Khoja's calling

Improvisation and diplomacy have become key factors behind Roshan's expansion since the launch of the company, especially as it is non-Afghan and operating in a country where little can happen without a little baksheesh.

  • E-Mail
By  Tawanda Chihota Published  March 30, 2005

|~||~||~|Karim Khoja has become a specialist in nurturing new ventures in the mobile industry, including early cellular networks in Poland, Croatia and Pakistan. But the Canadian millionaire almost got more than he bargained for after leaving his plush pads in Dubai and London and launching Afghanistan's second mobile operator, Roshan, in July 2003. Improvisation and diplomacy have become key factors behind Roshan's expansion since the launch of the company, especially as it is non-Afghan and operating in a country where little can happen without a little baksheesh. Khoja has already spent some US$120 million on extending the service to 25 of the war-torn country's main towns and cities. But Khoja's engineers and contractors have also had to bear in mind whose toes they are treading on when putting the company's infrastructure in place. “We have to work very closely with local communities,” says Khoja. “Before we go into a village, one of our senior executives goes ahead and meets the local governor or warlord, drinks chai and smokes sheesha and then tells him our plans. We don't give bribes - we set expectations,” he adds. One of Khoja's main arguments in these situations is that Roshan is not only profit-orientated but also geared towards stimulating local economies that are brought within reach of its network. He points out that the service has already been extended to some isolated mountain areas despite the low returns they are likely to offer, and that Roshan is majority owned by the Aga Khan Fund for Economic Development (AKFED) - a non-governmental organisation that has been heavily involved in Afghanistan's reconstruction since 1996. Many of Roshan's employees, including Khoja, are also Ismailis - a small Islamic sect, which the Aga Khan leads. “We are trying to build a middle class in Afghanistan,” says Khoja. “Not from the standpoint of any one ethnic group, but from a country perspective,” he adds. The often-unorthodox nature of doing business in Afghanistan has also led Roshan to test out some interesting, dual-purpose schemes to expand its own business and give more people access to its network. One, which started in August 2004, allows former mujahideen to trade in their Kalashnikovs for rights to operate ‘public call offices’ (PCOs) - payphone-type contraptions which they can use to re-sell calls back in their home-towns and villages. The ex-combatants are offered training and, according to Khoja, can use the phones to earn up to US$120 per month. Roshan, in turn, gets incremental cash from people who are typically unable to afford the one-off cost of a phone and subscription. “The offer's been very well received,” says Khoja. “We've got about 110 PCOs in service right now and expect to go to 1,000 by the end of the year. We probably would have been at 500 or 1,000 by now but we weren't ready with the products and had to delay them,” he adds. Schemes such as these, Khoja says, are necessary for the company because its long-term fortunes will be closely tied in with those of Afghanistan itself. Despite having launched later than the country's other commercial mobile network, Afghan Wireless Communication, Khoja says that Roshan is now serving 330,000 of Afghanistan's estimated 600,000 mobile users and expects one million Afghans to have mobiles by the end of the year. The firm is also now estimated to be responsible for 6% of the government's tax receipts and remains one of the country's largest foreign investors. Khoja therefore has some ambitious plans up his sleeve to tap into any continuing growth in Afghanistan's economy. For one, he sees an opportunity to use mobile communications to help revitalise Afghanistan's strategic role in trade in Central Asia. Roshan has concentrated its base stations in hubs where commercial activity has traditionally clustered. It has also bought additional licences in neighbouring countries, Tajikistan and Uzbekistan, and designed the network to provide coverage along major trading routes leading to their borders. Eventually, Khoja hopes traders and shopkeepers will start using their phones to manage their supply chains and, through mobile payment technology, offer an alternative means for customers to purchase products when ATMs and banks are short on the ground. ||**||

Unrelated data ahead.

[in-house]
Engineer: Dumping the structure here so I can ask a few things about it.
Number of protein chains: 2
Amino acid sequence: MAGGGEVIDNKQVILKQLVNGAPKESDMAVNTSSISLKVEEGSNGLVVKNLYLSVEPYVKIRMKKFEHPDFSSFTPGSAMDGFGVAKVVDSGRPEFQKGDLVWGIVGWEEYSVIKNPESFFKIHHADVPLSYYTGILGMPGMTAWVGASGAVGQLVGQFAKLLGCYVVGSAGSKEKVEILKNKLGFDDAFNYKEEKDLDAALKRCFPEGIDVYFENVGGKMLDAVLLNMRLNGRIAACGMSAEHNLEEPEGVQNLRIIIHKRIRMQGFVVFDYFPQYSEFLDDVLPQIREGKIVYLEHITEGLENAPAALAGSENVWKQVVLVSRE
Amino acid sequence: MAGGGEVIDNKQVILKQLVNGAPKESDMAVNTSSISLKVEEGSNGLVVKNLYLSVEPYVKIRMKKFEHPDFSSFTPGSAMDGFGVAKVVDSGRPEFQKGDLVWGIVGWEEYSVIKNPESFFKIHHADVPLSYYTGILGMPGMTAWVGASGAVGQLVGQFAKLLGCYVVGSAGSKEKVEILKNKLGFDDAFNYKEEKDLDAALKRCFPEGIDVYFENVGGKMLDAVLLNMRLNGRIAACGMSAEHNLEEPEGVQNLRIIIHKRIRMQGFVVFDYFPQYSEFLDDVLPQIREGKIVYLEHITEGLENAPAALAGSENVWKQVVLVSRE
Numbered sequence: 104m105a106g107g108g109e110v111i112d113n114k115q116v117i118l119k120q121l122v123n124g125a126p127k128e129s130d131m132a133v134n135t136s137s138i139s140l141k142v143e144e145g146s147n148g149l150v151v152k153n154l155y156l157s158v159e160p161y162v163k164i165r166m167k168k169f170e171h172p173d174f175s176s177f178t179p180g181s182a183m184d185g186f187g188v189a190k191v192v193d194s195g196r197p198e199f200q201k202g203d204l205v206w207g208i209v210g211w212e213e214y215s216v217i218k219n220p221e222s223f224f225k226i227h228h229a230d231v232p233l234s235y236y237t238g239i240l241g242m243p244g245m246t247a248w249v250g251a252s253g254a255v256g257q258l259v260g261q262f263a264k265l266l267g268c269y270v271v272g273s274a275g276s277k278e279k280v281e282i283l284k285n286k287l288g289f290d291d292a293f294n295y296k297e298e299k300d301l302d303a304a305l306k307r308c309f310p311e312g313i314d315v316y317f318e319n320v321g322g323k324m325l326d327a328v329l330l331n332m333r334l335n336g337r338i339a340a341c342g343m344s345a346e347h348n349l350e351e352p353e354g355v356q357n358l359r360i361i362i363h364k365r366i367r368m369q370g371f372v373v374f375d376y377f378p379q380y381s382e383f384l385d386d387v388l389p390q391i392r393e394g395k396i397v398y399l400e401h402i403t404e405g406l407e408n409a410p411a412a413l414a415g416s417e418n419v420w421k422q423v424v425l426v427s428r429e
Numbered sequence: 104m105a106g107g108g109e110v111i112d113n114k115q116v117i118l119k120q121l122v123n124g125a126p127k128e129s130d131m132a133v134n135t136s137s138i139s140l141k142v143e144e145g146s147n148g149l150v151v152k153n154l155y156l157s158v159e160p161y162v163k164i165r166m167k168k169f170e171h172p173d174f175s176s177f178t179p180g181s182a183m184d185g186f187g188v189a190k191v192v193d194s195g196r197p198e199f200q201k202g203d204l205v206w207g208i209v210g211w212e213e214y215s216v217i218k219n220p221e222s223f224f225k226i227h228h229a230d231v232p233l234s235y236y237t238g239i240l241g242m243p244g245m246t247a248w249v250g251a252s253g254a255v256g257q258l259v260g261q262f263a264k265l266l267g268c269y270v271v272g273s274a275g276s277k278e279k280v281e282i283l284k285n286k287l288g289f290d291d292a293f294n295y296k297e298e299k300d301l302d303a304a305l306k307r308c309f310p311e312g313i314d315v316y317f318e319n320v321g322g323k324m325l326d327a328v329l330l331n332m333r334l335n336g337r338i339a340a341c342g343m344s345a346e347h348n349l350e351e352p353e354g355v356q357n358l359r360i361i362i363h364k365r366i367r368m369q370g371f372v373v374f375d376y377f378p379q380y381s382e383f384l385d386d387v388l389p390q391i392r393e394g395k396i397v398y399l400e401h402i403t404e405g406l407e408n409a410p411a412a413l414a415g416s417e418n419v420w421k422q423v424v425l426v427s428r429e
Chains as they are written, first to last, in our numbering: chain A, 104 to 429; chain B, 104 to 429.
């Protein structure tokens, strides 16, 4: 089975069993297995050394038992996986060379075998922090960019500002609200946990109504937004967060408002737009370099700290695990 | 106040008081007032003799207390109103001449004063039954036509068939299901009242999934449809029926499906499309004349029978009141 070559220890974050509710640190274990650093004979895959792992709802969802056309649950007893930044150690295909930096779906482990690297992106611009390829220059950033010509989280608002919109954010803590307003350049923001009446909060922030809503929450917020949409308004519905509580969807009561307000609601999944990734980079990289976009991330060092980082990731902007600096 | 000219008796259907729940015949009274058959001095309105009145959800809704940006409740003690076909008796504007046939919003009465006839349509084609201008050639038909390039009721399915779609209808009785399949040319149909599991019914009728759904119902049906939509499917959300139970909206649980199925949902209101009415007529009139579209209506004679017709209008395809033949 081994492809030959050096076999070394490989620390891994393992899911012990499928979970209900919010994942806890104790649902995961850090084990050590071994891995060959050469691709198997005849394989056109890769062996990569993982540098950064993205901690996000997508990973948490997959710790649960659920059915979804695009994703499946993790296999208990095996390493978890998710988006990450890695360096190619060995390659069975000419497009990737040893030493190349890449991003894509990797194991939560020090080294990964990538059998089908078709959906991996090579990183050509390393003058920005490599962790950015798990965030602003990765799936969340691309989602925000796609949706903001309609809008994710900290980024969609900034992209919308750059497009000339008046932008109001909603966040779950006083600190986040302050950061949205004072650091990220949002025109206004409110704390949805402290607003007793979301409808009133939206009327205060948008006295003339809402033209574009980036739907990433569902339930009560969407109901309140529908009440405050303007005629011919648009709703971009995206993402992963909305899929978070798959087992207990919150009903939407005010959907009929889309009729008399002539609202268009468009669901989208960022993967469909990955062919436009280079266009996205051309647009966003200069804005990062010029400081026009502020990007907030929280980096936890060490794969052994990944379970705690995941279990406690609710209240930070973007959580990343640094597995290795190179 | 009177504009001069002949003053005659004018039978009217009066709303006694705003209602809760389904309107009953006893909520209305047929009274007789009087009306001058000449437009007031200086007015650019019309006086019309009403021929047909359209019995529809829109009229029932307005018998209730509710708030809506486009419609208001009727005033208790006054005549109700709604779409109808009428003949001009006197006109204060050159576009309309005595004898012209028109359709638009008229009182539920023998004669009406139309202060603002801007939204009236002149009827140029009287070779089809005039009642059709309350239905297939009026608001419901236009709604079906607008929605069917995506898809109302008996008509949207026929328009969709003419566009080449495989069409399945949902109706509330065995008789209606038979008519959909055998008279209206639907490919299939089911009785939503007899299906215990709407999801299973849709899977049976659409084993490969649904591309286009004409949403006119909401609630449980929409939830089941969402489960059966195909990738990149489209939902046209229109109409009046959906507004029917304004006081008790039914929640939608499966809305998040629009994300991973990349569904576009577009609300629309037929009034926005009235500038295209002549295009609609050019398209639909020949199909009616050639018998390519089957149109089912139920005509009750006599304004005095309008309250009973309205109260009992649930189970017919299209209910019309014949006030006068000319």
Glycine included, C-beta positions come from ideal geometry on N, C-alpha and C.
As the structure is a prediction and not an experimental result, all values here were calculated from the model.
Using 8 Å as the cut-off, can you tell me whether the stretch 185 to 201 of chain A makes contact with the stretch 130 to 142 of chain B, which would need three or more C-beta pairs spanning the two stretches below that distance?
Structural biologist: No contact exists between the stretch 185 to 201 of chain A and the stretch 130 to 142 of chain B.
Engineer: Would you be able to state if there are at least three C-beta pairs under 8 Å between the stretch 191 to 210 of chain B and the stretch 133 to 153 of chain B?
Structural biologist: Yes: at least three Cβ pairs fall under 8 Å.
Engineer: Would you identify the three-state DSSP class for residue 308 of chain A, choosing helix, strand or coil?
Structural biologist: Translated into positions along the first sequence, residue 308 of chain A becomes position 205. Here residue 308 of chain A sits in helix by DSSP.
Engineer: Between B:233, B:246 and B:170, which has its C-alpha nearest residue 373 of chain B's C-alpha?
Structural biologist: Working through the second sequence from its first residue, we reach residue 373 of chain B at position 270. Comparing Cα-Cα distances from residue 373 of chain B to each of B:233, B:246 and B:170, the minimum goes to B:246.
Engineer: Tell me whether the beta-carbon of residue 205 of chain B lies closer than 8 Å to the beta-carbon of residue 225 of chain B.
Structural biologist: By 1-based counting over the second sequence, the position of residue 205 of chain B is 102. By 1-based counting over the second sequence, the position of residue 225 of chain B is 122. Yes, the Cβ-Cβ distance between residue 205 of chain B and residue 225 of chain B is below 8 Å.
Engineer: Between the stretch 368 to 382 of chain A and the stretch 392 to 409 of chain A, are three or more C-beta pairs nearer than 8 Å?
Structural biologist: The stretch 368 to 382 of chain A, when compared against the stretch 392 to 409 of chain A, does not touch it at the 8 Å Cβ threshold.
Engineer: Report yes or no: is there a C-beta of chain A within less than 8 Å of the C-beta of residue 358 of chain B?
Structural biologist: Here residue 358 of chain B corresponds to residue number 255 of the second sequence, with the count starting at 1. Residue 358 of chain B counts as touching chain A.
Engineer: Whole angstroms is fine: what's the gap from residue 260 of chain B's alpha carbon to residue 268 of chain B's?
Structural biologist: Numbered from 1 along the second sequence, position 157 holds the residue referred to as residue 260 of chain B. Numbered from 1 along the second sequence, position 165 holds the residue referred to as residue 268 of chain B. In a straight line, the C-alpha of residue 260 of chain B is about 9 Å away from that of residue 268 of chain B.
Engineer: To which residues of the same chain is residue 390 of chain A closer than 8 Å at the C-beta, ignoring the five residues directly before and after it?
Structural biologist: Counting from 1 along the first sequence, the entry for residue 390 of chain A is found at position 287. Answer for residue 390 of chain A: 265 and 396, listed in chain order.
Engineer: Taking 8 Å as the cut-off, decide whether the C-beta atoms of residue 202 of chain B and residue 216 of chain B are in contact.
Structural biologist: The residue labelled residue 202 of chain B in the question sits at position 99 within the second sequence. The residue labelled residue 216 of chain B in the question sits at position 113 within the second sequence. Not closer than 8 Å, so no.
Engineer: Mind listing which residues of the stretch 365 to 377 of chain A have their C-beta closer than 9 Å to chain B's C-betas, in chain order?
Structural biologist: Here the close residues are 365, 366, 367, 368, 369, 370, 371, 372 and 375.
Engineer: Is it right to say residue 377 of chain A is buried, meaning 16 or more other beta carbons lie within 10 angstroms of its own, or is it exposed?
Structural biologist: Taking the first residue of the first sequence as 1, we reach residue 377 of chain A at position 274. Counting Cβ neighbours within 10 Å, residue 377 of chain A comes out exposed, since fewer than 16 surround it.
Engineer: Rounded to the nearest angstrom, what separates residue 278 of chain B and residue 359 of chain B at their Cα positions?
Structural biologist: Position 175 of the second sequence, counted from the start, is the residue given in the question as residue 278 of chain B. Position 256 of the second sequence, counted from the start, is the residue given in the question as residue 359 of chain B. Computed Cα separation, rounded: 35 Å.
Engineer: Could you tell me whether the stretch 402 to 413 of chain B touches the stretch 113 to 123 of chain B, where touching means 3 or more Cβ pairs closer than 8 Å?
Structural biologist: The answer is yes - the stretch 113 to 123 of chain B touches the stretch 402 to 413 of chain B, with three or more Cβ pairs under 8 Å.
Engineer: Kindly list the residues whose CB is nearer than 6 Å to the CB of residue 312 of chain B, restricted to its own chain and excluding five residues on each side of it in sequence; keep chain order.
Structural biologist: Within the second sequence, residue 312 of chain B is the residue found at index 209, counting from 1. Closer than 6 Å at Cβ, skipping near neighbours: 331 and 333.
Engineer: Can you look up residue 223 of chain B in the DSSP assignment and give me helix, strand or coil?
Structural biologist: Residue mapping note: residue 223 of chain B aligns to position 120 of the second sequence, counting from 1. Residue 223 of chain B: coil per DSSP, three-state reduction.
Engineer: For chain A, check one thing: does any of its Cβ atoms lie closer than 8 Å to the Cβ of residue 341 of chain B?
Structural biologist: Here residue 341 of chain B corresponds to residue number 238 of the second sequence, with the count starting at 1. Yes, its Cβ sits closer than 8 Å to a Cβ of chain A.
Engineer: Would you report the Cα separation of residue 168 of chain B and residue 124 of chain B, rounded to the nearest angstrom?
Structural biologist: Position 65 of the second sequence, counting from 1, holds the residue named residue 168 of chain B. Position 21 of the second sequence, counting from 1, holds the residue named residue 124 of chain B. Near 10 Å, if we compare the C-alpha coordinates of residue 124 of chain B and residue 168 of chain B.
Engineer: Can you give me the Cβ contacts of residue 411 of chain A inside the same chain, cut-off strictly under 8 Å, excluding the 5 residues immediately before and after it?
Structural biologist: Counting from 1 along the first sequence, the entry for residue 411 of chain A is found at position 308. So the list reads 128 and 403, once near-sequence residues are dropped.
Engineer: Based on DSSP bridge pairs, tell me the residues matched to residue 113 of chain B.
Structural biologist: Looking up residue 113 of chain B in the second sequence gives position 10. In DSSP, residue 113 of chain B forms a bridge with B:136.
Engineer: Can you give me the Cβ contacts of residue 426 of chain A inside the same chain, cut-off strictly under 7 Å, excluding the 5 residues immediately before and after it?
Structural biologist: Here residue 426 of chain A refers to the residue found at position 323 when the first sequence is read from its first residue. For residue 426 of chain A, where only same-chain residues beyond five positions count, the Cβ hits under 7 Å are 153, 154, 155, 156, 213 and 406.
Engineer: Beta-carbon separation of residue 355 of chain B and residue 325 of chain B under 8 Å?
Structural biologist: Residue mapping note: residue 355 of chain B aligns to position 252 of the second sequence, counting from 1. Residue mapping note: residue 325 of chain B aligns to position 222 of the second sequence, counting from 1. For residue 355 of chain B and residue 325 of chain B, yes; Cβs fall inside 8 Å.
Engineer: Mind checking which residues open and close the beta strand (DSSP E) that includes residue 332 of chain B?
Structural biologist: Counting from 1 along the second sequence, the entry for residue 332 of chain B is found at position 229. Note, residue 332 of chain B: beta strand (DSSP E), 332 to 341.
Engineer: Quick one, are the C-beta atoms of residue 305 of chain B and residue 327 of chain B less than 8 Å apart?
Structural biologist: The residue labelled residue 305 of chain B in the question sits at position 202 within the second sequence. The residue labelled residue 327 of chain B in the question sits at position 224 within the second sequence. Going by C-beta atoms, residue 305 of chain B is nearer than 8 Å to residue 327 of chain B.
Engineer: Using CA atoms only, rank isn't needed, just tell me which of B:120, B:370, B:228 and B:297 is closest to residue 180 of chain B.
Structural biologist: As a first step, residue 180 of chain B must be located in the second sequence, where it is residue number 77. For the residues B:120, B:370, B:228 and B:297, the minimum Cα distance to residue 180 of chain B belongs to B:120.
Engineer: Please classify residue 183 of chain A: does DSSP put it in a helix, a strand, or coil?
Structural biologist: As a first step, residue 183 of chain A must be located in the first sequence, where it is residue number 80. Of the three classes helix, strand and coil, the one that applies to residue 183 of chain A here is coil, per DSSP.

Add a Comment

Your display name This field is mandatory

Your e-mail address This field is mandatory (Your e-mail address won't be published)

Security code